Spy vs spy

The war of wits that goes on between plants and viruses

 
Last Updated: Saturday 04 July 2015

some recent findings have shed new light on how plants can 'silence' an attacking virus. All organisms have evolved mechanisms to deal with pathogenic microorganisms: viruses, bacteria and parasites. Geneticists have even postulated that disease has played a far bigger role in evolution than is acknowledged.

Just like animals, plants have also evolved an amazing diversity of defences to counter pathogens. Some involve structural responses (building a defensive wall), some call for the release of aggressive chemicals, while some others lead to the plant killing off its own cells to prevent the infection from spreading. D R Smyth of the Monash University in Melbourne, Australia, has reviewed an unexpected plant defence mechanism. This is directed specifically against attacking viruses and what it involves is the breaking down of viral rna , which is the intermediary between dna and proteins ( Current Biology , Vol 9, p100-102).

The discovery was a stroke of luck. Smyth and his colleagues were studying 'post-transcriptional gene silencing', which is the non-functioning of all but one of the many copies of a foreign dna sequence inserted by scientists to create genetically-engineered plants. When the injected gene is similar to one of the plant's own genes, the endogenous gene is silenced. The reason is that the rna made by the affected genes from their dna degraded rapidly, preventing the synthesis of proteins. The explanation, it turned out, was that when lots of rna s of the same kind are present, they make hybrids with each other, and these are destroyed by the cell.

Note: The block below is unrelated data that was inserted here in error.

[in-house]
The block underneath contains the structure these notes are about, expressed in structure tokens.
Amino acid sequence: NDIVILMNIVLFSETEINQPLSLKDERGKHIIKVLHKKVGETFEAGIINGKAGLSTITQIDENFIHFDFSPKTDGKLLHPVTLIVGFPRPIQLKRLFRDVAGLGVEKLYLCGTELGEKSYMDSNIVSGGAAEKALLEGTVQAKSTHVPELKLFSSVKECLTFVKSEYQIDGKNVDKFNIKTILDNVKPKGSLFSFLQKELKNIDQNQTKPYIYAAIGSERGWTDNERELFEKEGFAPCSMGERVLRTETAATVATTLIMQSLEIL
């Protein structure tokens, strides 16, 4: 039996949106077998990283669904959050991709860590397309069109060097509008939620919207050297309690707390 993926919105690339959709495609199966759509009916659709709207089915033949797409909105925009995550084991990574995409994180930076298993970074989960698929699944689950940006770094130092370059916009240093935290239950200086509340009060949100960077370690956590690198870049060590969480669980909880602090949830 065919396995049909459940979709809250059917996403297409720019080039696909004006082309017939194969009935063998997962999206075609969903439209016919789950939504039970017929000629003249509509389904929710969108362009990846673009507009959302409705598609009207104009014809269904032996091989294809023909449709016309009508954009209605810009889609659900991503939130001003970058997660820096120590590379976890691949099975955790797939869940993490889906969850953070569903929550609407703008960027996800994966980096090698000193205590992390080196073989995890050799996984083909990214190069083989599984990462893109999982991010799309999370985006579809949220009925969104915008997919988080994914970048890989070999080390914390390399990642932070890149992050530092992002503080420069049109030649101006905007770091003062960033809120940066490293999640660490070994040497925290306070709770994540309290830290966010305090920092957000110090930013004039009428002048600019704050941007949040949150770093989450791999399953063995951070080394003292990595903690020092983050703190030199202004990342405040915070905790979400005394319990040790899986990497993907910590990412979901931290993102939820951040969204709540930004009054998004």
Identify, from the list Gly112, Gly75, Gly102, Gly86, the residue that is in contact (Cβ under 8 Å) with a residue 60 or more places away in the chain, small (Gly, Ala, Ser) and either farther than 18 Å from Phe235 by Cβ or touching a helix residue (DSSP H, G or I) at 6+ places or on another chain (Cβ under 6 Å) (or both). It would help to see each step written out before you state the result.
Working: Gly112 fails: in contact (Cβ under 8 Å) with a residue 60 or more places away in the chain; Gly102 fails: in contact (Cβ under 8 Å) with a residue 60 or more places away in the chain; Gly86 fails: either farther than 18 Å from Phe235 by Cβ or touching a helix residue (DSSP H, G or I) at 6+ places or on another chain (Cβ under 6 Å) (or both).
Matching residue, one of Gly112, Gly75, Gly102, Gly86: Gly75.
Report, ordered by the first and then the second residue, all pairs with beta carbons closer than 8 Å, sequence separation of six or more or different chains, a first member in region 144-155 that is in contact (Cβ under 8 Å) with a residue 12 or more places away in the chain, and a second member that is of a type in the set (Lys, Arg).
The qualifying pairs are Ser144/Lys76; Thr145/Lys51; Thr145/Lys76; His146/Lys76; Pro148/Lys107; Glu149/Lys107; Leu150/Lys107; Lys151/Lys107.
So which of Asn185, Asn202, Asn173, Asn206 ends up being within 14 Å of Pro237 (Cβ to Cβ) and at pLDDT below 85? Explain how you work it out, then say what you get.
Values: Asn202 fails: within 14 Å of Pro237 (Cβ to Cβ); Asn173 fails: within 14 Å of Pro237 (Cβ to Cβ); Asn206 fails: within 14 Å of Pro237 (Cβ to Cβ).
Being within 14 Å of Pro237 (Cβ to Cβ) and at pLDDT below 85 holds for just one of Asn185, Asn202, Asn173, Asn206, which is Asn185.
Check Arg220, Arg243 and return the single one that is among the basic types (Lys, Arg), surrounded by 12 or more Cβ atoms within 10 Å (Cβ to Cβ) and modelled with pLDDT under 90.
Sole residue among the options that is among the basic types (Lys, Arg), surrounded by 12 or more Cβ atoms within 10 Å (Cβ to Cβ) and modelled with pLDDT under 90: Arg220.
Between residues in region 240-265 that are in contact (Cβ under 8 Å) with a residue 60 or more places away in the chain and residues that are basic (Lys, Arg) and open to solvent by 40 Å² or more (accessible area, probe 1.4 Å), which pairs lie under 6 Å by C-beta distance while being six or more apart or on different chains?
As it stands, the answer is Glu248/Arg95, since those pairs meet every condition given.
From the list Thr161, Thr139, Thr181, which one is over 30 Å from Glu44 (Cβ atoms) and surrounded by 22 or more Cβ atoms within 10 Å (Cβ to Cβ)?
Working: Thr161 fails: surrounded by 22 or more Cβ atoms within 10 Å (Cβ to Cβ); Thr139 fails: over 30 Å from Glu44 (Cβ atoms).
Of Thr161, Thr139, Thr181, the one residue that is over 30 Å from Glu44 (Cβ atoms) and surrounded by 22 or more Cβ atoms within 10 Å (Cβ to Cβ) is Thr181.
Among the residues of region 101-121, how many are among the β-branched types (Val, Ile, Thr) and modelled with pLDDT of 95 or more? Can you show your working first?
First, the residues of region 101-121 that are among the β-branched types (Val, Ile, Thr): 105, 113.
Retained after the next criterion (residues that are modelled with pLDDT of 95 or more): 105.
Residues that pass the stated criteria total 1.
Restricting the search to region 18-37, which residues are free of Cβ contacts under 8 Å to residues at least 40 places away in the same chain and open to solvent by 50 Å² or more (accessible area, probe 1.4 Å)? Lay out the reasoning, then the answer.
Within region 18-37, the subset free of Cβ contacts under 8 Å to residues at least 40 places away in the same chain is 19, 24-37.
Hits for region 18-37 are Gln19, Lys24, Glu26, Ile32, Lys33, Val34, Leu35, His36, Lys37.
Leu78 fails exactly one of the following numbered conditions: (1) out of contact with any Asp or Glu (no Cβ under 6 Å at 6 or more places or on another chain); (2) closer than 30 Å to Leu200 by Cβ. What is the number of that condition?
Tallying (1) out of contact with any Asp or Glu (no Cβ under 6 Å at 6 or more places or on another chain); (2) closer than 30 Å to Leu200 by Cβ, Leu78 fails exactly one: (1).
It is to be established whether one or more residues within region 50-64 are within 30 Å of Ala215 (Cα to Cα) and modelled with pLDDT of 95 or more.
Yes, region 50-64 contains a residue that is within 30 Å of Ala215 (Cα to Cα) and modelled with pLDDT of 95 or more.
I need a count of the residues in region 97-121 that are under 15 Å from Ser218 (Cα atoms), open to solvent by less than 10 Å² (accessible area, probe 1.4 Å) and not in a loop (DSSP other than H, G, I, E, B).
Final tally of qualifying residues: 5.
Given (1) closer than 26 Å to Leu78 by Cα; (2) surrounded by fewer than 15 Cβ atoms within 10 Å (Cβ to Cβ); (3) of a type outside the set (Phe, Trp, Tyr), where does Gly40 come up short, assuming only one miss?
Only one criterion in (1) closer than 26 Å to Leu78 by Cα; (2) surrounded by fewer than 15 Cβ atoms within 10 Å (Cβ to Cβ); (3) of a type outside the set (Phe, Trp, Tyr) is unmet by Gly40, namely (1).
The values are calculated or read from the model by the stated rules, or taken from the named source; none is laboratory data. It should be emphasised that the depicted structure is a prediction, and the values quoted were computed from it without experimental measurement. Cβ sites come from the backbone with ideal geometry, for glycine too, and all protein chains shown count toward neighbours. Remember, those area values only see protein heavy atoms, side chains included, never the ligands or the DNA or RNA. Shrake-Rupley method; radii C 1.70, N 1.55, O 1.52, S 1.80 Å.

But why would a plant cell have a mechanism to handle a situation that can arise only when a human being injects foreign genes into it? The answer is that the machinery has evolved to deal with other, far more likely, contingencies, for example, the invasion by a pathogenic virus. Viral infection seems to work as a signal to induce the 'silencing' of viral genes to prevent the virus from multiplying. Any advance made by one elicits a response from the other. But it is only expected that the viruses, too, will fight back. They do, indeed, by encoding proteins that improve the capacity of the virus to infect and weaken the plant's defences. But one puzzle still remains: why is it that a plant's own genes do not get silenced? Wait for further research.

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